Texas Liberal

All People Matter

Northern Fulmar Is Sea Bird That Eats Offal And Spits A Bad-Smelling Oil


I recently read some interesting information about a sea bird called the Northern Fulmar. (Photo above.)

I read it in a book called Animal–The Definitive Visual Guide To The World’s Wildlife. It is by the Smithsonian Institute and DK Publishing.

Here is what the book says about this sea bird—

The fulmar is a common bird of northern waters, flying on characteristic stiff, straight wings. Its numbers have increased dramatically in the past 200 years, particularly in the temperate waters of the North Atlantic, possibly due to the increase in offal available from trawlers gutting fishes at sea….It lays it’s egg in a barely lined hollow on an earthy or grassy ledge….the adults go off in search of food once the chick is about two weeks old. If threatened, the youngster defends itself by vigorously spitting an unpleasant-smelling oil.  

I’d like to see a Fulmar chick spit that oil at some creature or some person.

Here is more information on Fulmars. 

Here are words related the word offal from the hyperdictionary.

  bilge, bilgewater, bones, carrion, chaff, culm, deadwood, debris, dishwater, ditchwater, draff, dregs, dust, filings, garbage, gash, hogwash, husks, junk, leavings, lees, litter, offscourings, orts, parings, potsherds, rags, raspings, refuse, riffraff, rubbish, scourings, scrap iron, scraps, scum, scurf, sewage, sewerage, shards, shavings, slack, slag, slop, slops, slough, stubble, sweepings, swill, tares, trash, wastage, waste, waste matter, wastepaper, weeds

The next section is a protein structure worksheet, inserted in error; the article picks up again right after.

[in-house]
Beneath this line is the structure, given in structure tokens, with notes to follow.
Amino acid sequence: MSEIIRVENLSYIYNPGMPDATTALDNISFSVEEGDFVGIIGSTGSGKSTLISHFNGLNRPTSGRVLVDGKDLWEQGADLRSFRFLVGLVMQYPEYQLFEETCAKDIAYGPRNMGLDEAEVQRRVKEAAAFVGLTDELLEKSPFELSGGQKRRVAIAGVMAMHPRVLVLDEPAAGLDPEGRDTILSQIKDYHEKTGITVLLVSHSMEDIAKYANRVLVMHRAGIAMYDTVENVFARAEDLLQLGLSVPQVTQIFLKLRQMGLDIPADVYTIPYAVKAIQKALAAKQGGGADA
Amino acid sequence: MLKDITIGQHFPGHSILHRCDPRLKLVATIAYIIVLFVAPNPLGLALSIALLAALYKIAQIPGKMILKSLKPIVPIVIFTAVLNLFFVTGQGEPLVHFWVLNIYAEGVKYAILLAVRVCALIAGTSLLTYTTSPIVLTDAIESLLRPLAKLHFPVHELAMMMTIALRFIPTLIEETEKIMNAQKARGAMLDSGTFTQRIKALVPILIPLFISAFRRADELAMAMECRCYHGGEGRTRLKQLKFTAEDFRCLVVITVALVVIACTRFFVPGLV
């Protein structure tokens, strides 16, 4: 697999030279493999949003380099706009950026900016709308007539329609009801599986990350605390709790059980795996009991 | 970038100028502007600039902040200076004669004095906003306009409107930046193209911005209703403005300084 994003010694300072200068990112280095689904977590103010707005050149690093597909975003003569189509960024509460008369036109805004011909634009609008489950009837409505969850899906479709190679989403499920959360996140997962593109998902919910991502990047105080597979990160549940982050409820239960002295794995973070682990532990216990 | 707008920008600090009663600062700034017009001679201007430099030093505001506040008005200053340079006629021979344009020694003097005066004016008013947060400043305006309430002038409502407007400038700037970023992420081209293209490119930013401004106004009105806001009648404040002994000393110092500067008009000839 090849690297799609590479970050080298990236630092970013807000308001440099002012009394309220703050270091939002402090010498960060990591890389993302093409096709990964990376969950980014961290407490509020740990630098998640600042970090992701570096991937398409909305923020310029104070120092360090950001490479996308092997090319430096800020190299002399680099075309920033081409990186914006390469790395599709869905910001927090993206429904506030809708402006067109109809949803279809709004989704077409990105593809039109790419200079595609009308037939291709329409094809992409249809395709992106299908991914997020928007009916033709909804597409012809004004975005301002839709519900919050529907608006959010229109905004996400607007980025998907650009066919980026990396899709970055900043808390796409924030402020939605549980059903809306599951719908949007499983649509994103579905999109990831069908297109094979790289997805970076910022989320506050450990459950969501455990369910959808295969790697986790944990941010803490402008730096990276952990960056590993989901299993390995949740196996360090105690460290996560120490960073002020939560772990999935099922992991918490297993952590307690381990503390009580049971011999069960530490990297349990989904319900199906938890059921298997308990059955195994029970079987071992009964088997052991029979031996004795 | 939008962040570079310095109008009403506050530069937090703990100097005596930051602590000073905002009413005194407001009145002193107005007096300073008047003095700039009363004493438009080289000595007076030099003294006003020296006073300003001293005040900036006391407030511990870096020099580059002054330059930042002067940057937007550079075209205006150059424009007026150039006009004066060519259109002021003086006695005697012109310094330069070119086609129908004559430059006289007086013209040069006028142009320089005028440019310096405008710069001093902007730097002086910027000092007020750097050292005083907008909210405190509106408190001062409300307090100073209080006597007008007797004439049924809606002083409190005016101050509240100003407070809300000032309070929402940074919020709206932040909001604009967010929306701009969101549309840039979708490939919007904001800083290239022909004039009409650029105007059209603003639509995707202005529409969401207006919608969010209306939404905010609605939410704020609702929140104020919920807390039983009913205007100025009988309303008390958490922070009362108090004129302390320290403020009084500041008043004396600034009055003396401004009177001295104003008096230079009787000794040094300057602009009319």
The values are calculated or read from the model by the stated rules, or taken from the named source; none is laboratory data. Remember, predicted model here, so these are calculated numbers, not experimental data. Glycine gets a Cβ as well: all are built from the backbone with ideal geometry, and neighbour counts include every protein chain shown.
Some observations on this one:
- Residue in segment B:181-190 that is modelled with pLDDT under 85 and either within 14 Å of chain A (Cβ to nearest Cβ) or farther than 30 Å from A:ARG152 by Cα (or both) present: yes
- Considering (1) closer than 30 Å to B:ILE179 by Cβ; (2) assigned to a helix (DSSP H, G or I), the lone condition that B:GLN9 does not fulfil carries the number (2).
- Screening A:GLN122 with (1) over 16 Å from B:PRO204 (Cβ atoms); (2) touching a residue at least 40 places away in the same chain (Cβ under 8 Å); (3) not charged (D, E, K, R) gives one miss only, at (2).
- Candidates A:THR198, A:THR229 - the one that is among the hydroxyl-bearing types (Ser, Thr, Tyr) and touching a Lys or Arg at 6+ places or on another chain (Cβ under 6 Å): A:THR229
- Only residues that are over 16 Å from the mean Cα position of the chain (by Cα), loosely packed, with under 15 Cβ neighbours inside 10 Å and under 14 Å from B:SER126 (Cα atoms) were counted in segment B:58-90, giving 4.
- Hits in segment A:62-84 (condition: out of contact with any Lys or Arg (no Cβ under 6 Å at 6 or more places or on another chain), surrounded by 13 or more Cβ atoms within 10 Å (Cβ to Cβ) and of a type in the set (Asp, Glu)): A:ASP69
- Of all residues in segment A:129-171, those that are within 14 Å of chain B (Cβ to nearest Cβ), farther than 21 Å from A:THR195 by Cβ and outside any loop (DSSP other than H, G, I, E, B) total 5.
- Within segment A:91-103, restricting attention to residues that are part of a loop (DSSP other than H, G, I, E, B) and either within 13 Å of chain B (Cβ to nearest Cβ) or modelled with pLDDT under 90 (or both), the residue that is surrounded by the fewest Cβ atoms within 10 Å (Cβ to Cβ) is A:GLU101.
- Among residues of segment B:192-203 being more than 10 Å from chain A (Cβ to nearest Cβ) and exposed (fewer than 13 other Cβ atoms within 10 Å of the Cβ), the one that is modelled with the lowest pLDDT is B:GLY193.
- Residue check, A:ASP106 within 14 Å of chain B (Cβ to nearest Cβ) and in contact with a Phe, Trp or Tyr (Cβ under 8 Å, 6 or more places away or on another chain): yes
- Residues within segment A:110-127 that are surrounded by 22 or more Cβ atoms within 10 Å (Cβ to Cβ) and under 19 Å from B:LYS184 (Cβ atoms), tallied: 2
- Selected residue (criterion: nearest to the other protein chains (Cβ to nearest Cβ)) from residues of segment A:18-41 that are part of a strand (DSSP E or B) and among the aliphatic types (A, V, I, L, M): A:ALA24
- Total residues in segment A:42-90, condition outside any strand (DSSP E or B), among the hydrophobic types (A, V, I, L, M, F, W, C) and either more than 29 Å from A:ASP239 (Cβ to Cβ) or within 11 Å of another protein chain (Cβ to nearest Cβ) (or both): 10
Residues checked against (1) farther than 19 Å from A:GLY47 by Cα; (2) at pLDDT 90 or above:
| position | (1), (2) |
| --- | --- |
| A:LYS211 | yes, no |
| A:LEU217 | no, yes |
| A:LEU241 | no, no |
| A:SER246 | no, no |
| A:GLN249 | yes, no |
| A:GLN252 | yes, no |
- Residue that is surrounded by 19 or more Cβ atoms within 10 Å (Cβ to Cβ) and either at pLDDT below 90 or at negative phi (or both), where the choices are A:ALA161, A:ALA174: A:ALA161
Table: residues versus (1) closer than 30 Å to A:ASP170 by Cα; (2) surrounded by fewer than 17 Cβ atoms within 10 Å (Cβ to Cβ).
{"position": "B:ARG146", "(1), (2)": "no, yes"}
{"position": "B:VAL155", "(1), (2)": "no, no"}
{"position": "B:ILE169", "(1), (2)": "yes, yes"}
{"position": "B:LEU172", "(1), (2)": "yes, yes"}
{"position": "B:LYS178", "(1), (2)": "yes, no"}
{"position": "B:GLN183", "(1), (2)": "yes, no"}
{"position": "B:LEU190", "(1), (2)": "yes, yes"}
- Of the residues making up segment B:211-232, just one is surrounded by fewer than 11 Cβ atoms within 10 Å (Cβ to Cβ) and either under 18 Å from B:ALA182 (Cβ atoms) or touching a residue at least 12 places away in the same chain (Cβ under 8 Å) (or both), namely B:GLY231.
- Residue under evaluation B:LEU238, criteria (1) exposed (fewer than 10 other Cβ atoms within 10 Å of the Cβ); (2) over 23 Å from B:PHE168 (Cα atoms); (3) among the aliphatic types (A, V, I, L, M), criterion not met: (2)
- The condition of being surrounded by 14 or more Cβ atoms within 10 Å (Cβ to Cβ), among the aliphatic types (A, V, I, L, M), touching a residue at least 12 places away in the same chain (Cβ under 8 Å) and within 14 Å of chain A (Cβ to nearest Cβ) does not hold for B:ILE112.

Please click here for other Texas Liberal posts on Sea Life. 

(Below is a fishing boat called the Che Guevara.)

February 12, 2008 - Posted by | Books, Sea Life | , , , ,


  1. Your post brings to mind the great Charles Olson poem, “The Kingfishers.”

    -The complete poem is available here:

    Click to access olson-kingfishers.pdf

    -A Brief Olson bio can be found here, at Poets.org:


    -Finally, a blog on Olson’s poetry and poetics, edited by the poets Michael Kelleher and Ammiel Alcalay:


    Comment by Jeff | February 12, 2008

  2. Thanks for the comment.

    Comment by Neil Aquino | February 13, 2008

Leave a Reply

Fill in your details below or click an icon to log in:

WordPress.com Logo

You are commenting using your WordPress.com account. Log Out /  Change )

Google photo

You are commenting using your Google account. Log Out /  Change )

Twitter picture

You are commenting using your Twitter account. Log Out /  Change )

Facebook photo

You are commenting using your Facebook account. Log Out /  Change )

Connecting to %s

%d bloggers like this: